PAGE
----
gms | German Medical Science

21st Annual Meeting of the German Retina Society and 8th Symposium of the International Society of Ocular Trauma (ISOT)

German Retina Society
International Society of Ocular Trauma

19.06. - 22.06.2008, Würzburg

The use of anti-VEGF Inhibitors in wet AMD: balancing the risks

Meeting Abstract

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  • Ralf Blank - Rüsselsheim/Germany

Retinologische Gesellschaft. International Society of Ocular Trauma. 21. Jahrestagung der Retinologischen Gesellschaft gemeinsam mit dem 8. Symposium der International Society of Ocular Trauma. Würzburg, 19.-22.06.2008. Düsseldorf: German Medical Science GMS Publishing House; 2008. DocISOTRG2008V113

The electronic version of this article is the complete one and can be found online at:

Published: June 18, 2008
Published with erratum: June 25, 2008

© 2008 Blank.
This is an Open Access article distributed under the terms of the Creative Commons Attribution License ( You are free: to Share – to copy, distribute and transmit the work, provided the original author and source are credited.



Two drugs that inhibit vascular endothelial growth factor have been improved for use in the treatment of choroidal neovascularization (CNV) in age-related macular degeneration (AMD). Pegabtanib sodium (Macugen, OSI /Eytech and Pfizer New York) selectively inhibits the most biologically active isoform of VEGF, VEGF 165. Ranibizumab (Lucentis, Gentech, San Francisco) nonselectively targets all known isoforms of VEGF-A. Another VEGF-blocking drug, Bevacizumab (Avastin, Gentech) has also recently been used for treatment of CNV in AMD, although it was not developed for ocular use and has not been approved for that indication. Although VEGF inhibition is the goal of all these drugs as well as several other compounds in development for the treatment and prevention of CNV, it should not be forgotten that VEGF is an important compound for the normal function of the human body.Several epidemiologic studies have shown an increased risk of cardiovascular disease, hypertension, and cardiovascular events including stroke and myocardial infarction, in people with AMD. Given that systemic nonselective VEGF inhibition may be associated with an increased risk of thrombembolic events, and that repeated intravitreal delivery of VEGF inhibitors inevitably involves systemic exposure of these VEGF-blocking agents, it is important to consider the systemic safety of these ocular treatments in AMD patient population, especially over the long term.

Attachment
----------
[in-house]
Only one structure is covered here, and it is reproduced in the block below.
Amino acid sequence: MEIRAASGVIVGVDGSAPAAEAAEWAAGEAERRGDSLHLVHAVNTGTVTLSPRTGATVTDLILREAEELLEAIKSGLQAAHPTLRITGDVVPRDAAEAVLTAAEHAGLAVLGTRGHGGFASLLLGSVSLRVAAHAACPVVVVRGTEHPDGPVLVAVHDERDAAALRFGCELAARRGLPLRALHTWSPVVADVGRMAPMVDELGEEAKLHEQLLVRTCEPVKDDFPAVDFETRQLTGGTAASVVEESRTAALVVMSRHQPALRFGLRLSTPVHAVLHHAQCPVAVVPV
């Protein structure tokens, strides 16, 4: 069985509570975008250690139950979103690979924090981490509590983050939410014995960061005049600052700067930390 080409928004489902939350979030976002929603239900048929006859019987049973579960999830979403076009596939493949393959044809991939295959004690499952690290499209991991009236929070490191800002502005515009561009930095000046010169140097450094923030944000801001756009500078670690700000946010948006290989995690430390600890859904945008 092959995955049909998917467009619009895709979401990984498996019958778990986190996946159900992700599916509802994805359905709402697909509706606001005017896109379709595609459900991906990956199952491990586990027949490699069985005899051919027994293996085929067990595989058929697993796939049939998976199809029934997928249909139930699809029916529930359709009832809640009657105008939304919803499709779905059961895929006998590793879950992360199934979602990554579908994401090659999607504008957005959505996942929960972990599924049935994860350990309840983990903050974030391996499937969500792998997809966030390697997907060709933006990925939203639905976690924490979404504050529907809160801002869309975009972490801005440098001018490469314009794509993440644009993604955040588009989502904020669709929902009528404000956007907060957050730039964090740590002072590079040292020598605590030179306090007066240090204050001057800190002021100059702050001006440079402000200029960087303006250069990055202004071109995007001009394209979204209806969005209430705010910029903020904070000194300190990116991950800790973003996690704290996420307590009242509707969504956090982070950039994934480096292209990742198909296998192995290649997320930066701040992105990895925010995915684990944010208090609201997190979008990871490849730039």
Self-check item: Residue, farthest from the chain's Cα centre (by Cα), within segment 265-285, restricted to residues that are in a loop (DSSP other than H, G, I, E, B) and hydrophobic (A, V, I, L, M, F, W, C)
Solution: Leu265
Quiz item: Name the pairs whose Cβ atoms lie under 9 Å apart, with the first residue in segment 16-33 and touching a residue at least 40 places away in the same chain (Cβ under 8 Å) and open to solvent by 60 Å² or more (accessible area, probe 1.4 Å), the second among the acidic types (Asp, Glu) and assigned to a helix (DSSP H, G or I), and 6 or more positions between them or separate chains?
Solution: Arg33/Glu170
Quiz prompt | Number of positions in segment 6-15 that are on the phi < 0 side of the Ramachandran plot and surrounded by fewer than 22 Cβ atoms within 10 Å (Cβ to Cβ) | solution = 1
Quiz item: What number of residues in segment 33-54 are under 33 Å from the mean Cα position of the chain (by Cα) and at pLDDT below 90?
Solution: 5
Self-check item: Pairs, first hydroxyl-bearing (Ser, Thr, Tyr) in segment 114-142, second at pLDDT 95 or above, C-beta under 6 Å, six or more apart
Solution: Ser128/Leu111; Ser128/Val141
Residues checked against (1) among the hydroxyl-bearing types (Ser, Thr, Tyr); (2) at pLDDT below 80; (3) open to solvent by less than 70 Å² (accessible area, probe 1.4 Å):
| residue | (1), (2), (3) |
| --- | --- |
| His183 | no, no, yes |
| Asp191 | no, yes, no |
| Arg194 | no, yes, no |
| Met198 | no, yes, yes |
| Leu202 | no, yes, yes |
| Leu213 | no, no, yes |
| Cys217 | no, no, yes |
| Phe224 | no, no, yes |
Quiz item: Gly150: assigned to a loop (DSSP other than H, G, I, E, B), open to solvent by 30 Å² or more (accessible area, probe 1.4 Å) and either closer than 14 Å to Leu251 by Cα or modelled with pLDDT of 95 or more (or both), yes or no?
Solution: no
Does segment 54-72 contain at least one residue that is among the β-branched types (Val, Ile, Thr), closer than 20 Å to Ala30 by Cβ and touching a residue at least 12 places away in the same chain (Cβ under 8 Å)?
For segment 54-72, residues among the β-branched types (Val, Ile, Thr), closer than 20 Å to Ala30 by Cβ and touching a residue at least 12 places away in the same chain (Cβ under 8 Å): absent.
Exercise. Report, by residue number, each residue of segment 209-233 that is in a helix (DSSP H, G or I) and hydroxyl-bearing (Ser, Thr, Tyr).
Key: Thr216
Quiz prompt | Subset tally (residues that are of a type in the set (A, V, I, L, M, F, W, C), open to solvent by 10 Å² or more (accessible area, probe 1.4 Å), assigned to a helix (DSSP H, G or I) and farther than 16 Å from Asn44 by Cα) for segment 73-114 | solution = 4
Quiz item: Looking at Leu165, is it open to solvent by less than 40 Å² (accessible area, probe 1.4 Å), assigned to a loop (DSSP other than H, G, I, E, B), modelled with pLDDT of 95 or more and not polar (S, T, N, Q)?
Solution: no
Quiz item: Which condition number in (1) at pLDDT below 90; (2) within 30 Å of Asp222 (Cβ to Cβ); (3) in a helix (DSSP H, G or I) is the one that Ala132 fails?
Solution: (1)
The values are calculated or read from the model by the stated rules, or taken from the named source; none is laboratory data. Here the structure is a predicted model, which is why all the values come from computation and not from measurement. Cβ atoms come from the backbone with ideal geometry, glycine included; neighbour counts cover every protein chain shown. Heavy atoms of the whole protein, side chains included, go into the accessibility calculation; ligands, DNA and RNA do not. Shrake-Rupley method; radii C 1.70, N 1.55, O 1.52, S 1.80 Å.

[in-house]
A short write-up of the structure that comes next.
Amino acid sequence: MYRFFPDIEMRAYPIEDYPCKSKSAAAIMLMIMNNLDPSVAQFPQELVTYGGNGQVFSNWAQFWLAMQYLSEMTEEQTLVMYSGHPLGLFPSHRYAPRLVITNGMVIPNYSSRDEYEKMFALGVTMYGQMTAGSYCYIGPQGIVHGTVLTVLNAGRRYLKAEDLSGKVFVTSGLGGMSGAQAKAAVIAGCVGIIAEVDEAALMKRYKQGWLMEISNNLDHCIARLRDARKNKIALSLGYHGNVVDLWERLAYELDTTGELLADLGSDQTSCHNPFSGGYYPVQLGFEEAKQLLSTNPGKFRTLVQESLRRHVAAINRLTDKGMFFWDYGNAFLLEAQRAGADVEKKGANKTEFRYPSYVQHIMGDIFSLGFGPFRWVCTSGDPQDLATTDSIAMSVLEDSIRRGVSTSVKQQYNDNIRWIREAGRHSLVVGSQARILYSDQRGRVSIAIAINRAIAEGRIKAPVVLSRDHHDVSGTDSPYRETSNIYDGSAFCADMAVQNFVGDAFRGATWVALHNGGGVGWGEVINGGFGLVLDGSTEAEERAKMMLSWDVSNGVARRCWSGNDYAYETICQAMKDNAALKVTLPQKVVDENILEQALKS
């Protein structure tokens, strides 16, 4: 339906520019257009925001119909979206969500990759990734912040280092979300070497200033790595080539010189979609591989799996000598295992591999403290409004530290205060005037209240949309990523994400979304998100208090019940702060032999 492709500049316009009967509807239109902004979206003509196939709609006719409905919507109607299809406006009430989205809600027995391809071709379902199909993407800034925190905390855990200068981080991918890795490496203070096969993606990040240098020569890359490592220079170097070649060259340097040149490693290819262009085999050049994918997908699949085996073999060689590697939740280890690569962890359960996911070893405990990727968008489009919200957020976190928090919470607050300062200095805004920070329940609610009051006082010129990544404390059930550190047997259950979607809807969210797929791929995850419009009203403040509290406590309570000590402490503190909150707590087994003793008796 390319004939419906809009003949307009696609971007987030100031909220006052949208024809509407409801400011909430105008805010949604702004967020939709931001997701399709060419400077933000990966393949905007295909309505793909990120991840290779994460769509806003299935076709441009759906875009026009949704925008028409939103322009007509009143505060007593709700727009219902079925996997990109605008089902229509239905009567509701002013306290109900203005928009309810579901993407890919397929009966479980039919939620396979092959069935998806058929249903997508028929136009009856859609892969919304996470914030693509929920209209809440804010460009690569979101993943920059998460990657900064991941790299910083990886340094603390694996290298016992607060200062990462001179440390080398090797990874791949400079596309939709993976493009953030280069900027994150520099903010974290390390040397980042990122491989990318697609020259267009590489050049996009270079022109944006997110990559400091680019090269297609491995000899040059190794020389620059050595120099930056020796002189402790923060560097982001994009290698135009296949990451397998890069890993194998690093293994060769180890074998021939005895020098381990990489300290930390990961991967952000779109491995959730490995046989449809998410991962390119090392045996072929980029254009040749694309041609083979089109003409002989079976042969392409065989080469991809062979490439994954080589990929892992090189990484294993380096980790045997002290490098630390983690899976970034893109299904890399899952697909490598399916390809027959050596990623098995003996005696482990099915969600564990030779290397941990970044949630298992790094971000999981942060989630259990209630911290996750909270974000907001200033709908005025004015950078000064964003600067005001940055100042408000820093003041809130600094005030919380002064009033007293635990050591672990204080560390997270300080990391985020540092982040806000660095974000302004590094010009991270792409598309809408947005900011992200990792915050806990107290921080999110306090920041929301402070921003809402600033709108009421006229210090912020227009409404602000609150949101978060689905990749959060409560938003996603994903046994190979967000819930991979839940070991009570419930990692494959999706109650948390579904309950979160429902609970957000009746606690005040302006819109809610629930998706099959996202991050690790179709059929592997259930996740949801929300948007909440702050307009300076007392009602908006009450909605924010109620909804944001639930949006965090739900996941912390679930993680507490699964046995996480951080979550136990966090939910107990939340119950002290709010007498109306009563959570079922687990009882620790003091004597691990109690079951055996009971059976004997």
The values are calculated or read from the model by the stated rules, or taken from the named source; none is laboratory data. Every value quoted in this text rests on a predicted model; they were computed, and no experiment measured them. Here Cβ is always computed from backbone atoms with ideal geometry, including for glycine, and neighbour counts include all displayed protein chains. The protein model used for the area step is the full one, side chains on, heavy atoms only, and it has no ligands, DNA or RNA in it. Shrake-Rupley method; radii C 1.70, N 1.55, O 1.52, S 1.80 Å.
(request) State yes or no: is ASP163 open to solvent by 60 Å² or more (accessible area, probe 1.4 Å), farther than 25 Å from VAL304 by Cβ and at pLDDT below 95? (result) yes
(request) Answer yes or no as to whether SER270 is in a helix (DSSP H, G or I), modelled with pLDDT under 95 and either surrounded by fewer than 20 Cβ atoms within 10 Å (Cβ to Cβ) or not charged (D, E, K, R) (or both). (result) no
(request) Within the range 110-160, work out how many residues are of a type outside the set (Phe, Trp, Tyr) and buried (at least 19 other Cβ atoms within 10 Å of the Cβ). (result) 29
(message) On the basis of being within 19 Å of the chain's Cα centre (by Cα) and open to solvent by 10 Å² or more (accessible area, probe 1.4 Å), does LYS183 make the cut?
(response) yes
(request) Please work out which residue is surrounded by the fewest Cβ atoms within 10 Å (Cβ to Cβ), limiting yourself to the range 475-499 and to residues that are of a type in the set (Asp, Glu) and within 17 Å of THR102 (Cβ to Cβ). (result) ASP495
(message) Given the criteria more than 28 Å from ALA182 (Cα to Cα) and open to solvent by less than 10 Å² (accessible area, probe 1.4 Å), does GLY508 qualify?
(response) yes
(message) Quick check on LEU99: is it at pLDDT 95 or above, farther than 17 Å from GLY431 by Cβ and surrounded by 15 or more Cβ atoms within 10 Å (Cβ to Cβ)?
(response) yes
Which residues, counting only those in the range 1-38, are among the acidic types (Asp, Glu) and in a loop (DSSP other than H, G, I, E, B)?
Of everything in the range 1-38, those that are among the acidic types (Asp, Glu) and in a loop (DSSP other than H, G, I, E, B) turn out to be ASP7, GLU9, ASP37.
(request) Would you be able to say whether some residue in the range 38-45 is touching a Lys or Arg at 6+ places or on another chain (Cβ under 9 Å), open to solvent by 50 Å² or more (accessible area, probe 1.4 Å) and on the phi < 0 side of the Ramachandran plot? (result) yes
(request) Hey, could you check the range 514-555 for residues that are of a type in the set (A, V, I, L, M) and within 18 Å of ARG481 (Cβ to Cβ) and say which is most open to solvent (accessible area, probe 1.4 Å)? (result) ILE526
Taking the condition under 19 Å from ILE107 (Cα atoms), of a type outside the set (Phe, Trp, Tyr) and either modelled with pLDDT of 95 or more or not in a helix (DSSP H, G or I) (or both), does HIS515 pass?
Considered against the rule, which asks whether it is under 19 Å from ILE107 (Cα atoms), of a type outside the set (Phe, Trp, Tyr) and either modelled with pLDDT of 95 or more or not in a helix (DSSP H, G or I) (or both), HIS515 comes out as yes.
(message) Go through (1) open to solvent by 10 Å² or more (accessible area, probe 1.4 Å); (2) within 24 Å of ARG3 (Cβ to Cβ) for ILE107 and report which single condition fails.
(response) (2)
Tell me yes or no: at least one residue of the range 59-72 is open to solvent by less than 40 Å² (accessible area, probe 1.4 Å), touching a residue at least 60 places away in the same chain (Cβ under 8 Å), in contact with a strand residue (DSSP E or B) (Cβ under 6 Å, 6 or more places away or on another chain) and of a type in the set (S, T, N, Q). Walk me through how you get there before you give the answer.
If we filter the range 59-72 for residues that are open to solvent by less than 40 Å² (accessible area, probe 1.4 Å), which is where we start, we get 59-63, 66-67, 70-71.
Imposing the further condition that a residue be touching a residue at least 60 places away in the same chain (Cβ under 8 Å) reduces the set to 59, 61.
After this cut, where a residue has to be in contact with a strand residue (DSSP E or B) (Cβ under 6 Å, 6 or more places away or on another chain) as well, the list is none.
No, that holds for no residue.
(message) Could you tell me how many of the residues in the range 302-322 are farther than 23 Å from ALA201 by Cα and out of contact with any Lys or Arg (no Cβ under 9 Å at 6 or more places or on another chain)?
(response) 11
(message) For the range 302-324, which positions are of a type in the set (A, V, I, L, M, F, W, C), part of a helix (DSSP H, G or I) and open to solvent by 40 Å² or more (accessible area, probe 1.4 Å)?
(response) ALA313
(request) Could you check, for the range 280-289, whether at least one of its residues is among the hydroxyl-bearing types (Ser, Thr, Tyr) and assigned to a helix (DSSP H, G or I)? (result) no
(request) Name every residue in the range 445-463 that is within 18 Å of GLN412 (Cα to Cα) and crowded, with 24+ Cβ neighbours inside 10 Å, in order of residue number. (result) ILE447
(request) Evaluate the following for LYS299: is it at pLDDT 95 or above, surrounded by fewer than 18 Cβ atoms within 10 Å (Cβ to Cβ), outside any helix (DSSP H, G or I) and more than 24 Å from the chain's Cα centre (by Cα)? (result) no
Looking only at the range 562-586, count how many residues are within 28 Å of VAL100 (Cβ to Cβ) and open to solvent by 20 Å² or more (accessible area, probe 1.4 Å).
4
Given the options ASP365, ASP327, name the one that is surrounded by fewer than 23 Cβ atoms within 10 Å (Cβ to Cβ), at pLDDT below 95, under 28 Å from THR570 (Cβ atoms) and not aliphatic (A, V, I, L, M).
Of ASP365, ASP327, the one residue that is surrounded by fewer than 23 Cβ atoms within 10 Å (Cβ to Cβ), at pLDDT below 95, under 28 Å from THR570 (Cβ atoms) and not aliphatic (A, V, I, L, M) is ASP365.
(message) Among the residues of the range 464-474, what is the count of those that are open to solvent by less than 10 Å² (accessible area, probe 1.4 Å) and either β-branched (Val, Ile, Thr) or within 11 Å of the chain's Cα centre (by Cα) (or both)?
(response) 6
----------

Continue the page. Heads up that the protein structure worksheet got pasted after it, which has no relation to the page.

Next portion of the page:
The abstract of Ralf Blank was initially published with wrong title (Cardiovascular side effects of non selective VEGF inhibition) and text.